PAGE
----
Sensory Issue Three: Tantrums & Transitions
(Scroll down for tips on video)
Transitions and change can be very difficult on your child, and they occur constantly throughout the day, wreaking havoc on your ability to take your child shopping, daycare, or anywhere new. Outbursts and tantrums may happen more often than not, making you not want to ever leave your house! Here are a few tips to try to limit your child’s anxiety and alleviate the stress of transitions.
Tip #1- Give a ‘heads-up’ of Upcoming Transitions
Giving your child notice of what’s going to happen, and when, can be very reassuring. Using strategies such as using a verbal countdown, “okay, we are going to clean up this activity in 5 minutes” or “After you do your homework, it will time for your bath.” This allows your child to prepare for what comes next. You may need to begin with verbal prompts 30 minutes or more before the anticipated transition, and then provide reminders every 5 minutes until it is time to move on to the next task or activity. You can also use a “First, Then” visual; let your child know that, “first, you will finish your homework, then you will get a bath.” This provides your child with small, manageable steps!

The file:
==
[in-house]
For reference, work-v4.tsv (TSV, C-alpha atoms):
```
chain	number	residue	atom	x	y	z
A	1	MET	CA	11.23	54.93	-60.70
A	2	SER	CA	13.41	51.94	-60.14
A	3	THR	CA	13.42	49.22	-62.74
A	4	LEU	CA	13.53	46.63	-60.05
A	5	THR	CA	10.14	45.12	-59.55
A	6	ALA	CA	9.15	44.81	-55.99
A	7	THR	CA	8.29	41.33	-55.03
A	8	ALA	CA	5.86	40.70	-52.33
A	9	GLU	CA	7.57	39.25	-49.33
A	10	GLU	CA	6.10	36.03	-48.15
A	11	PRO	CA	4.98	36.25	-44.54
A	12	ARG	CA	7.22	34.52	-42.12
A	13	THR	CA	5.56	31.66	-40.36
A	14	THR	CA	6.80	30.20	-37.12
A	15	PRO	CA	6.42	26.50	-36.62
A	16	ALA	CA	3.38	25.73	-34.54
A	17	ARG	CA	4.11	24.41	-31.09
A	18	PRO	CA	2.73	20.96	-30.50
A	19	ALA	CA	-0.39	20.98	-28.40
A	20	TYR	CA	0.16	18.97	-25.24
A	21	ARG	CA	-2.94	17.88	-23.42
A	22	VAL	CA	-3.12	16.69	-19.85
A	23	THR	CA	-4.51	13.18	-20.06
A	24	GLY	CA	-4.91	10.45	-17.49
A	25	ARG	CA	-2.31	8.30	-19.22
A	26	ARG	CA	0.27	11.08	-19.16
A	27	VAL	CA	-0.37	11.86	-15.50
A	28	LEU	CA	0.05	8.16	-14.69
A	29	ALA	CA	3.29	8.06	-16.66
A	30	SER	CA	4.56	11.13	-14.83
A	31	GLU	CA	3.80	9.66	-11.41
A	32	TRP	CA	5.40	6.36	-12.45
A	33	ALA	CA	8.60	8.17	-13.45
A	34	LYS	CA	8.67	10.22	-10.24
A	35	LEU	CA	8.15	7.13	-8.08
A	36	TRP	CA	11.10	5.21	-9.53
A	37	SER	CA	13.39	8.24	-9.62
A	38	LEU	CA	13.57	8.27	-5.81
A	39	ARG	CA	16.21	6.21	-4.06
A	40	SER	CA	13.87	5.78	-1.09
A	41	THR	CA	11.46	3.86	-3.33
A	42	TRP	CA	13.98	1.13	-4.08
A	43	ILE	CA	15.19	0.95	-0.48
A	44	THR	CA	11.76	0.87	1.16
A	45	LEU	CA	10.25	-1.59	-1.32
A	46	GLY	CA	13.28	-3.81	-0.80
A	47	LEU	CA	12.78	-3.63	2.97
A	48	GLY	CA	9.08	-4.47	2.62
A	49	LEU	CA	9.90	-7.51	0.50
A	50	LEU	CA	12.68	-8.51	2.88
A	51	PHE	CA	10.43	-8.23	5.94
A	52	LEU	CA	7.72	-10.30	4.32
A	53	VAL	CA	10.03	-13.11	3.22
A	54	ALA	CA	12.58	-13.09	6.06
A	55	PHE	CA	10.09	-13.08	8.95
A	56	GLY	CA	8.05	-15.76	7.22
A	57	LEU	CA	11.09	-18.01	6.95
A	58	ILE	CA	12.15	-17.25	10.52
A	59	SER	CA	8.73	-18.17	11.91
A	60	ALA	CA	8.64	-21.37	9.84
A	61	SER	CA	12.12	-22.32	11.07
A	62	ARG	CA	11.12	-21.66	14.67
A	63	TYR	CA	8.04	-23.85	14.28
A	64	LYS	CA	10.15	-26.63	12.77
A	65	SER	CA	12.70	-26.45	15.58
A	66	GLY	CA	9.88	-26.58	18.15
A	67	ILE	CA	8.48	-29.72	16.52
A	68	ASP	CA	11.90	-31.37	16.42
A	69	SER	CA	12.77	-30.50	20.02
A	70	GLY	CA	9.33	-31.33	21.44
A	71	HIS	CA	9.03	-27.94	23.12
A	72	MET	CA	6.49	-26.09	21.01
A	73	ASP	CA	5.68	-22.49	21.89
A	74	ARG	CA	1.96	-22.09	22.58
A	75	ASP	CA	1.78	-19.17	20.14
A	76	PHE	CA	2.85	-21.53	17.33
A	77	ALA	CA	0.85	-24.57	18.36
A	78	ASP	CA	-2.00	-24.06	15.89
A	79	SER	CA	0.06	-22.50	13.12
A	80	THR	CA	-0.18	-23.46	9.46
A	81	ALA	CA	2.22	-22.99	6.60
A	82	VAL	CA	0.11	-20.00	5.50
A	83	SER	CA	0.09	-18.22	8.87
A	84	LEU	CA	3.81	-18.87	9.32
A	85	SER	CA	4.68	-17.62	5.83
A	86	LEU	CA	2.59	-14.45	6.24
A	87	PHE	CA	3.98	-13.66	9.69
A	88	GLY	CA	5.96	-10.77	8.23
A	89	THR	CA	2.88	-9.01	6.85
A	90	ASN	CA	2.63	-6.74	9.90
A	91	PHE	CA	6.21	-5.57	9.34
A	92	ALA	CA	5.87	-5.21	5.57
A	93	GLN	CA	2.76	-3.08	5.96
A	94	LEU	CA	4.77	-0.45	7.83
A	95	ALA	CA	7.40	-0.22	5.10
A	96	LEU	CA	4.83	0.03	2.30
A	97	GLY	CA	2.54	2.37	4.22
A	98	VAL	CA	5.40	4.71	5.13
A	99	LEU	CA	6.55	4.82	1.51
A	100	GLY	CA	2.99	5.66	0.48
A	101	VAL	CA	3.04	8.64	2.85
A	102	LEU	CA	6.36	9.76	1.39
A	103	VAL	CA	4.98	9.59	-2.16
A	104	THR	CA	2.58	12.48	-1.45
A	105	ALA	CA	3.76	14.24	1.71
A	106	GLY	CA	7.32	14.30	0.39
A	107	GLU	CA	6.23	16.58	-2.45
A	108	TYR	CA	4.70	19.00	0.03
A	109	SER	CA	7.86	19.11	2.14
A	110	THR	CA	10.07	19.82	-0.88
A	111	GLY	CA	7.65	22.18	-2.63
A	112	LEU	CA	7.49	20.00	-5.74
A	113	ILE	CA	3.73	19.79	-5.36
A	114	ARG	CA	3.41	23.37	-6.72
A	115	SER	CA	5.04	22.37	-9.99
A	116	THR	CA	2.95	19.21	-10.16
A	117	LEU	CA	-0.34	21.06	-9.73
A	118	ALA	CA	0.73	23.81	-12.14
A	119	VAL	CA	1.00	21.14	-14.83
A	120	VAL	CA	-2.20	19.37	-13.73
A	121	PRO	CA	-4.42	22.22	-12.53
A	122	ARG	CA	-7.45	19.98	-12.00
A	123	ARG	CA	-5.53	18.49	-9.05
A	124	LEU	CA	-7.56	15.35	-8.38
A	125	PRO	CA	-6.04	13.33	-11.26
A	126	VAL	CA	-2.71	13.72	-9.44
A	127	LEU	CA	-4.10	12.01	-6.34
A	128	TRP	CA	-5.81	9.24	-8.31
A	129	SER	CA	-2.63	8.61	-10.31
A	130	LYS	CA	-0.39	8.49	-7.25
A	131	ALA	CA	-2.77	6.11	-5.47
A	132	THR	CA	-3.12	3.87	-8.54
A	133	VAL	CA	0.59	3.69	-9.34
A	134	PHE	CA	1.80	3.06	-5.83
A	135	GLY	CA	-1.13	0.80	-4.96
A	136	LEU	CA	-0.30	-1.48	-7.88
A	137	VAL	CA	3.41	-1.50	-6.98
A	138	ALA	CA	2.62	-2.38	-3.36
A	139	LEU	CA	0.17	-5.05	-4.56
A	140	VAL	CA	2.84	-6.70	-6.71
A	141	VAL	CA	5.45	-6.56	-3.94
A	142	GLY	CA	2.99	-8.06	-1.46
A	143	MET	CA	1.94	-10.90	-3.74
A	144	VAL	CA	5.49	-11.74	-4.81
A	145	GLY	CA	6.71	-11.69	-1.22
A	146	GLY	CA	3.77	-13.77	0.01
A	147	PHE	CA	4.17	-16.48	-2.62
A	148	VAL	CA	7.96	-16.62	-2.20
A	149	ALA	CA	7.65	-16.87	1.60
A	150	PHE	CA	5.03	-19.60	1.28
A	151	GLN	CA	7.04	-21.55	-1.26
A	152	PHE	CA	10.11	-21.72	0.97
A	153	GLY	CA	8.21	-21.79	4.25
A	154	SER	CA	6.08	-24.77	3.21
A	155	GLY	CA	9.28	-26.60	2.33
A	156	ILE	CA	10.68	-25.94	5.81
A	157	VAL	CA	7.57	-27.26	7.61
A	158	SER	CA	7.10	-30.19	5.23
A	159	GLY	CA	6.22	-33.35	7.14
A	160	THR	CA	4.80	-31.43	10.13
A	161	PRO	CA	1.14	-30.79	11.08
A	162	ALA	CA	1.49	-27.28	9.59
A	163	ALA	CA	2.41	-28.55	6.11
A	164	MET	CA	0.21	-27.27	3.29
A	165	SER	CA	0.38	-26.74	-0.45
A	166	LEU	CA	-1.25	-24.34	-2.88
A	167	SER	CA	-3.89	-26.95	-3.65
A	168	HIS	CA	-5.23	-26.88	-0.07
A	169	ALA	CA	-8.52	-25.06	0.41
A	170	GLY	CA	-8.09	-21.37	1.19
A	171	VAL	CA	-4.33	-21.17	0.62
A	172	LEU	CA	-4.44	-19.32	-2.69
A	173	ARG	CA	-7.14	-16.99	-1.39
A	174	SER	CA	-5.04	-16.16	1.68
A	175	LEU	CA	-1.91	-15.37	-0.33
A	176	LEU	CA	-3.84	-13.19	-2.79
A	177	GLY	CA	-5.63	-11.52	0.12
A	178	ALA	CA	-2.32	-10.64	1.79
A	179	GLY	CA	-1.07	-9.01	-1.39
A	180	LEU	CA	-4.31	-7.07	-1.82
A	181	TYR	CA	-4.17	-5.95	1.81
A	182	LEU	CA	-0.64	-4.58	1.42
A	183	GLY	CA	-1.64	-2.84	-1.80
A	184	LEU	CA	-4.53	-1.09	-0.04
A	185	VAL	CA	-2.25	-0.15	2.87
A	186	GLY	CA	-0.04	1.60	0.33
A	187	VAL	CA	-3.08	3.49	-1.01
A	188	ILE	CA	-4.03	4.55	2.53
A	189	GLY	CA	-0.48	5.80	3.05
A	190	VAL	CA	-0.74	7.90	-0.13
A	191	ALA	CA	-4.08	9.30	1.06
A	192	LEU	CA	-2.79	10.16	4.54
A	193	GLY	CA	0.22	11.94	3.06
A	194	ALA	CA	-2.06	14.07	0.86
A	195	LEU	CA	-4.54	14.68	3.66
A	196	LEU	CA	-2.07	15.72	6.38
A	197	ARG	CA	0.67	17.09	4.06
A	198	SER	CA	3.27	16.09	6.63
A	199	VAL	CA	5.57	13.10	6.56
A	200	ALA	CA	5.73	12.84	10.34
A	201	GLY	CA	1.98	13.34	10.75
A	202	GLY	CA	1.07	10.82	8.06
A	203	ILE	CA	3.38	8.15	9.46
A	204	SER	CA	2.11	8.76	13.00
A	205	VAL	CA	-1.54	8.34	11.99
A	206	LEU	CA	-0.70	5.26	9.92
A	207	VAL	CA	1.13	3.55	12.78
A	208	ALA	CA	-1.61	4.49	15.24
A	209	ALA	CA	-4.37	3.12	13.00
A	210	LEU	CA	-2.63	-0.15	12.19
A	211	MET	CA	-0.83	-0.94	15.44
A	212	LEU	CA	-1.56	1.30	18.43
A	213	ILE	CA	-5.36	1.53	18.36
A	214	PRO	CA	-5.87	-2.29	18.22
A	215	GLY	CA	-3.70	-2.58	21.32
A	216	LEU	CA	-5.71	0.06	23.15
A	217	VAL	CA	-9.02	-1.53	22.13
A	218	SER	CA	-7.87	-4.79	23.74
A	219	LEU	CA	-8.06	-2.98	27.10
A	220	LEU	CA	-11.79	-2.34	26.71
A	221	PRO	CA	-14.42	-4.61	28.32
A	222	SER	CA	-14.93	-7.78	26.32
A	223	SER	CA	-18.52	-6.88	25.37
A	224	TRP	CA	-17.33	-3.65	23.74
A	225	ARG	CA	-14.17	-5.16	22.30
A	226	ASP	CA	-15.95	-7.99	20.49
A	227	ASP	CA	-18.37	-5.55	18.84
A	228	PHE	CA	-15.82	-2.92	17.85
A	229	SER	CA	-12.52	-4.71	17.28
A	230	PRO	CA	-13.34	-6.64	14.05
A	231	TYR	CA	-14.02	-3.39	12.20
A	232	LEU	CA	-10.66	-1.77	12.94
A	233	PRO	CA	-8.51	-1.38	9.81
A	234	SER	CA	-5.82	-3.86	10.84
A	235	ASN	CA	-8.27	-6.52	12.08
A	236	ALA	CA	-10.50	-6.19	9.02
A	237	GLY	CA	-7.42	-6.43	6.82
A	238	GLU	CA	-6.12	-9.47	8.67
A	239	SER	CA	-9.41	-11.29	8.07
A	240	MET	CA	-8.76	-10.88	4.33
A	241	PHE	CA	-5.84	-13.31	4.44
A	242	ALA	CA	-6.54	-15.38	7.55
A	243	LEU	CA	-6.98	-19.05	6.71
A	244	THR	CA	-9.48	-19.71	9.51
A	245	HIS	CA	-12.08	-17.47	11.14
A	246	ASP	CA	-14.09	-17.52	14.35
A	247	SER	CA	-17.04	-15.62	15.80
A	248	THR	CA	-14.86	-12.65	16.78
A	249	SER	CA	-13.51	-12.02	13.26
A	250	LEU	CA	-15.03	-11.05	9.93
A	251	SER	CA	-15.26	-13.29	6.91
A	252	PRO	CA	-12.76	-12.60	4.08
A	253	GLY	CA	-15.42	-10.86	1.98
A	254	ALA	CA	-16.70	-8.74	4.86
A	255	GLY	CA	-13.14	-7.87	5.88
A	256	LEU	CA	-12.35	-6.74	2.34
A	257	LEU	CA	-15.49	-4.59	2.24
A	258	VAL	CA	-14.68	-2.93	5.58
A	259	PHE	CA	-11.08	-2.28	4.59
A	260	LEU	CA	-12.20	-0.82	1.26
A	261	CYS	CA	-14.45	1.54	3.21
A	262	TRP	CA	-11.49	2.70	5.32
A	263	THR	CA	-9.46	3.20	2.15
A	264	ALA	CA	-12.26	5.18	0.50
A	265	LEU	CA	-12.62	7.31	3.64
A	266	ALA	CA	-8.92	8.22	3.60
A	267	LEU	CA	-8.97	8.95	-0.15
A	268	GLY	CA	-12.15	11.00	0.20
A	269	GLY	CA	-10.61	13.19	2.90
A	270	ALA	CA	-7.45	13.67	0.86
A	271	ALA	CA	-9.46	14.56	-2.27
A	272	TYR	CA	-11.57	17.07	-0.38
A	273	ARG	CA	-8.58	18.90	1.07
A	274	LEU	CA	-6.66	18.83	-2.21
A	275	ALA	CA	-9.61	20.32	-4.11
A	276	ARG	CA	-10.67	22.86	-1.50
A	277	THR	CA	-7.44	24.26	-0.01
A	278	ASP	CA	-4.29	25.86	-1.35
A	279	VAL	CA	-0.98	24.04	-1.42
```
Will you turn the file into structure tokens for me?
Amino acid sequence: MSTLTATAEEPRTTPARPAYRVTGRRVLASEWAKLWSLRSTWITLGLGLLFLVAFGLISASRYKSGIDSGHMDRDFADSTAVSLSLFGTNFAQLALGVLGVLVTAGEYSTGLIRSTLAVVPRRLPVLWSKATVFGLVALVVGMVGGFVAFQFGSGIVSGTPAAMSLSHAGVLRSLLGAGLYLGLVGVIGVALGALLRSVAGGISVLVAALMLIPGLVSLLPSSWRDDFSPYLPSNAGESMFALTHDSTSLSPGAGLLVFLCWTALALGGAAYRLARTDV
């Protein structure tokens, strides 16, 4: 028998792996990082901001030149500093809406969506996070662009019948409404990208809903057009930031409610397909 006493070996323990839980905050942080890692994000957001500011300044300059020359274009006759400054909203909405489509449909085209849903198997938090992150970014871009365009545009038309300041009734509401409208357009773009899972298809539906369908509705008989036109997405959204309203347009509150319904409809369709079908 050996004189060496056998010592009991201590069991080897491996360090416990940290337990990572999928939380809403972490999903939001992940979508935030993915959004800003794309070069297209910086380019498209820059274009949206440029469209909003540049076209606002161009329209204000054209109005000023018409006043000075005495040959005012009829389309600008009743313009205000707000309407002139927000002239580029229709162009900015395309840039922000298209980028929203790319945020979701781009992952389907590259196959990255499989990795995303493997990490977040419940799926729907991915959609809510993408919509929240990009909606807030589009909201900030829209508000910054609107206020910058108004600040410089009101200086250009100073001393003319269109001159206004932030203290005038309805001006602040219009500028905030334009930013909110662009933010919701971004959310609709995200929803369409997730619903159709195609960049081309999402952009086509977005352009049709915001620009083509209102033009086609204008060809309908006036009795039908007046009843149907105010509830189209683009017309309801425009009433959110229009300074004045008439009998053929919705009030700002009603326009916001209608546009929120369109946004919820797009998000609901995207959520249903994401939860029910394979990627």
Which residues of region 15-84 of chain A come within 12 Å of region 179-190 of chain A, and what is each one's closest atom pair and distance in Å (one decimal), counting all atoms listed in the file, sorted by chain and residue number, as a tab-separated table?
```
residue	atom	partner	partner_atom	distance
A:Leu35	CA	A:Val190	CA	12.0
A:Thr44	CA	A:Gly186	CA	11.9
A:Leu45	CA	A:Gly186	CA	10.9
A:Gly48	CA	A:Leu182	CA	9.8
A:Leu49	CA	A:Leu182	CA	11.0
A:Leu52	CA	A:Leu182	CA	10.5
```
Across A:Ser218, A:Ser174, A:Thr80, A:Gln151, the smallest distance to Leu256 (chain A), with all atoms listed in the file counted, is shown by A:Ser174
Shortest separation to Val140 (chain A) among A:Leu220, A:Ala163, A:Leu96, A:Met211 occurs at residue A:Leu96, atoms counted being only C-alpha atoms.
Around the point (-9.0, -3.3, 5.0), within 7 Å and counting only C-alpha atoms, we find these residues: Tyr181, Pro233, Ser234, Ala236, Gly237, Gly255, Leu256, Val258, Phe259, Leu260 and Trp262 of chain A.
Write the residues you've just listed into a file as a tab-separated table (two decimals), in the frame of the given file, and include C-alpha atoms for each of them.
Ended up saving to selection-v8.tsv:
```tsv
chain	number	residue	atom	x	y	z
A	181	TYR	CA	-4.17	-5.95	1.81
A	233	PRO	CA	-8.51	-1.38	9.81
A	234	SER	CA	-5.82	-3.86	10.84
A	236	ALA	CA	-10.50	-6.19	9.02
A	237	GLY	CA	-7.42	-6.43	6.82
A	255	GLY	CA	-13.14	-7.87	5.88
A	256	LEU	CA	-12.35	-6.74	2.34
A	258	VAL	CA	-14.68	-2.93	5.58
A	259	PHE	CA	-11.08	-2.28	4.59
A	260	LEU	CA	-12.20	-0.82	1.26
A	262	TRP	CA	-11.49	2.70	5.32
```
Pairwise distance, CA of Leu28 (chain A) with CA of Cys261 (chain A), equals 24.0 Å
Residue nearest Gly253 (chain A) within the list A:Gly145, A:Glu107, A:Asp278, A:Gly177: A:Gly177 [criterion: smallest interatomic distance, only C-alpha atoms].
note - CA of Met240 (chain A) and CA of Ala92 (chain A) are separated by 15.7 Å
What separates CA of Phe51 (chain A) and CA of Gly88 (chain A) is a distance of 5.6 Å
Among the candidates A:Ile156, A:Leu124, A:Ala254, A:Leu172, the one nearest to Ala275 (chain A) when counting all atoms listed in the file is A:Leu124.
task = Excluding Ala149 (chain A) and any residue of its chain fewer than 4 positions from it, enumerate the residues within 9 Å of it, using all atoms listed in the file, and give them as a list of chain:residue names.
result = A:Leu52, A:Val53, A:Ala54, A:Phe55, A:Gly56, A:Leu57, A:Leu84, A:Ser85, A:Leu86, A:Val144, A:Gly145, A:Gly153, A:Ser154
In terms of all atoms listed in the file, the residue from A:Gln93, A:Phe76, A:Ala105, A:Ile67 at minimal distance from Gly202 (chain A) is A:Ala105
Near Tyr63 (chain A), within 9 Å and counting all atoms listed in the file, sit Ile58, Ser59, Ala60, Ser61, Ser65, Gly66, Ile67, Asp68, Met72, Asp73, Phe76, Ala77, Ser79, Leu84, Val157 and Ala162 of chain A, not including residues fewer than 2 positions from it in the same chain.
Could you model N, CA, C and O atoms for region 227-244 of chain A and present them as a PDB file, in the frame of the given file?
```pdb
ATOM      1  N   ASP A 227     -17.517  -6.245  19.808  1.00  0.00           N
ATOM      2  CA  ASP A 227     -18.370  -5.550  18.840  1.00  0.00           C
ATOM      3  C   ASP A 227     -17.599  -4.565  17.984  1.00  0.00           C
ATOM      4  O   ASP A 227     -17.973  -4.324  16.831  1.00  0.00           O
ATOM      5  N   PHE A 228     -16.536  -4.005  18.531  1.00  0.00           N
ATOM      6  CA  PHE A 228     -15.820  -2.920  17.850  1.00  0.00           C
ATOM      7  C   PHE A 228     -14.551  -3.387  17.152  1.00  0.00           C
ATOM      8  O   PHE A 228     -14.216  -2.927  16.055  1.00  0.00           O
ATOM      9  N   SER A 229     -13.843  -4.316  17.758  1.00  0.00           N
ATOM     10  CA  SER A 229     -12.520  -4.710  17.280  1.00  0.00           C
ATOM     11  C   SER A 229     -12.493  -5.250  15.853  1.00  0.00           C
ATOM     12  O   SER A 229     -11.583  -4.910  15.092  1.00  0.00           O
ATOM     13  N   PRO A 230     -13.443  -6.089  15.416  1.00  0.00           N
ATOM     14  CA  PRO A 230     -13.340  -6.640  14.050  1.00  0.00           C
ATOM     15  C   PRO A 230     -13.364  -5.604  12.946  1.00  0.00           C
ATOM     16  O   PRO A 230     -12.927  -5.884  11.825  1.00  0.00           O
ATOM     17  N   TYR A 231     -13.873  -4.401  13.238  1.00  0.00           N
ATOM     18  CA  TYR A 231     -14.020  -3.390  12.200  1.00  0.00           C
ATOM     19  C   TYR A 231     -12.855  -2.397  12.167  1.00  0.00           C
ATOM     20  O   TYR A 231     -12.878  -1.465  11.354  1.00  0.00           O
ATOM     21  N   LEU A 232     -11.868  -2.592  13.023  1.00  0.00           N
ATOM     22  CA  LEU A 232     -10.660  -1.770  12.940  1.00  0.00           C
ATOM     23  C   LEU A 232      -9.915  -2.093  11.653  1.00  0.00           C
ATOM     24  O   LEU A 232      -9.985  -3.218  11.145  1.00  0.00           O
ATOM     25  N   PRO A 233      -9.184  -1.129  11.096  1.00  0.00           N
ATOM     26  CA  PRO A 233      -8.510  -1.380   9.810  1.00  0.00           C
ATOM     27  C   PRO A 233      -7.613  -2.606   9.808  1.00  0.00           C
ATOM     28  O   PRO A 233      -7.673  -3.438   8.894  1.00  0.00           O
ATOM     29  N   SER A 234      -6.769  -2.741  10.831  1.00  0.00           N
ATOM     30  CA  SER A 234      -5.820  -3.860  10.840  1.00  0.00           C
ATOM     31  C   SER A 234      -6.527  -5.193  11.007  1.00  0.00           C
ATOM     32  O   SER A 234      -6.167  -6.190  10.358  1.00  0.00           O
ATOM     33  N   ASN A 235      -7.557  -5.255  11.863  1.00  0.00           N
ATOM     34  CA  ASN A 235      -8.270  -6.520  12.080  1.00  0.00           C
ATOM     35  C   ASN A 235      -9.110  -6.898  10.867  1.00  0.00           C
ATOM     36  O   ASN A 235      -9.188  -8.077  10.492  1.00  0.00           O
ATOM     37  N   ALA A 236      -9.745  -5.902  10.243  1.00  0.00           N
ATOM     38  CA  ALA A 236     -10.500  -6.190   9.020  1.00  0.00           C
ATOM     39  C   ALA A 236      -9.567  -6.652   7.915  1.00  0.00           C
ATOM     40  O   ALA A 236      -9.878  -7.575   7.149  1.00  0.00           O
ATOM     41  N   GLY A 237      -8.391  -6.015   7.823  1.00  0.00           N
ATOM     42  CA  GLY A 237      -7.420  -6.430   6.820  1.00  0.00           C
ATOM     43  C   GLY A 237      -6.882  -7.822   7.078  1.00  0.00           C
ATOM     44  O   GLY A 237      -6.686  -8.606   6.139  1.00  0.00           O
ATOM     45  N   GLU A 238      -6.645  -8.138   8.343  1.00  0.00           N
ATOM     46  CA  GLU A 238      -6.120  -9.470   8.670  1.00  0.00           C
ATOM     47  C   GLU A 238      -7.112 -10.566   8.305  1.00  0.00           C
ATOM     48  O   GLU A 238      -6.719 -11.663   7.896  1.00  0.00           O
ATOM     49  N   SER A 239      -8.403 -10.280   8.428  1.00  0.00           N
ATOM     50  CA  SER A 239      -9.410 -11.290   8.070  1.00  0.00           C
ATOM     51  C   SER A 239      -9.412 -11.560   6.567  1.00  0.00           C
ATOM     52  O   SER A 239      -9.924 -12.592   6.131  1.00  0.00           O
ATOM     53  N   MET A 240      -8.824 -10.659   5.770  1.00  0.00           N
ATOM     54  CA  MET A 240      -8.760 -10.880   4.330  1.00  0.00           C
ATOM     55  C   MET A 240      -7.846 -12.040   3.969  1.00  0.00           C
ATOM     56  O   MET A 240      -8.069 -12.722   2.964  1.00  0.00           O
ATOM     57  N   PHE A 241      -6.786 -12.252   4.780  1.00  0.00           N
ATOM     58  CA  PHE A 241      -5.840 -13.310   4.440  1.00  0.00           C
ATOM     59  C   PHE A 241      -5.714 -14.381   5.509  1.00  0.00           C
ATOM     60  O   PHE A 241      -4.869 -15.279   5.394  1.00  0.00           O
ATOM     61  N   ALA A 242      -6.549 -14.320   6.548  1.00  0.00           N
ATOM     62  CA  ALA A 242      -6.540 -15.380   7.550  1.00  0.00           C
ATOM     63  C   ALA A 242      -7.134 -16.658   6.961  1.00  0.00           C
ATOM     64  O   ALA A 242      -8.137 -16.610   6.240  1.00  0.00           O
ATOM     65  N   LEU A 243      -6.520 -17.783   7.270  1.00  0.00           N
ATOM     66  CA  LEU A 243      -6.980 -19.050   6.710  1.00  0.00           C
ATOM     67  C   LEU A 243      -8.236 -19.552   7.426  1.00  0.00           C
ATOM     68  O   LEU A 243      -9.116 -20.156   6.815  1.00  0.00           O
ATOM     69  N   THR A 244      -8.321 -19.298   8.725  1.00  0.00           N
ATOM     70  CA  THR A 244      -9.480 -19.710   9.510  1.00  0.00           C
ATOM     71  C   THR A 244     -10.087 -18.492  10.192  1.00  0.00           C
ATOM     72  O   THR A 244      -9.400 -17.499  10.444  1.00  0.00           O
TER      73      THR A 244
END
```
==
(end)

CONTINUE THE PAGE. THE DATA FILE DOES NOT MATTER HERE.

Tip #2 – Use Timers
Try using a timer to help your child know when it’s time to stop an activity or indicate that it is time to go. You can set a visual timer if your child can not yet tell time or does not respond to a clock, use a sand timer from a board game, or a countdown app found on a smart phone or tablet. Timers can give your child a visual and/or auditory indication that it is time to leave one activity or place and move on to the next!
Tip #3- Use a Picture Schedule
Using a visual schedule can help your child better understand what to expect. A great visual schedule for beginners is a “First/Then” picture schedule. You can either have a picture, or you can write it for her, of what the child needs to do first (such as homework, clean room) and then what she earns when that’s complete (such as the iPad, tv time, etc.). This provides your child with a simple representation of expectations. You can also use a picture schedule to help him see multiple activities that will occur, such as “breakfast, go to preschool, mom picks you up, dinner, bath, bed.” The child can cross off each activity as it is completed and see what’s next!
Written by: Amy Elgin, MSOL, OTR/L, BCP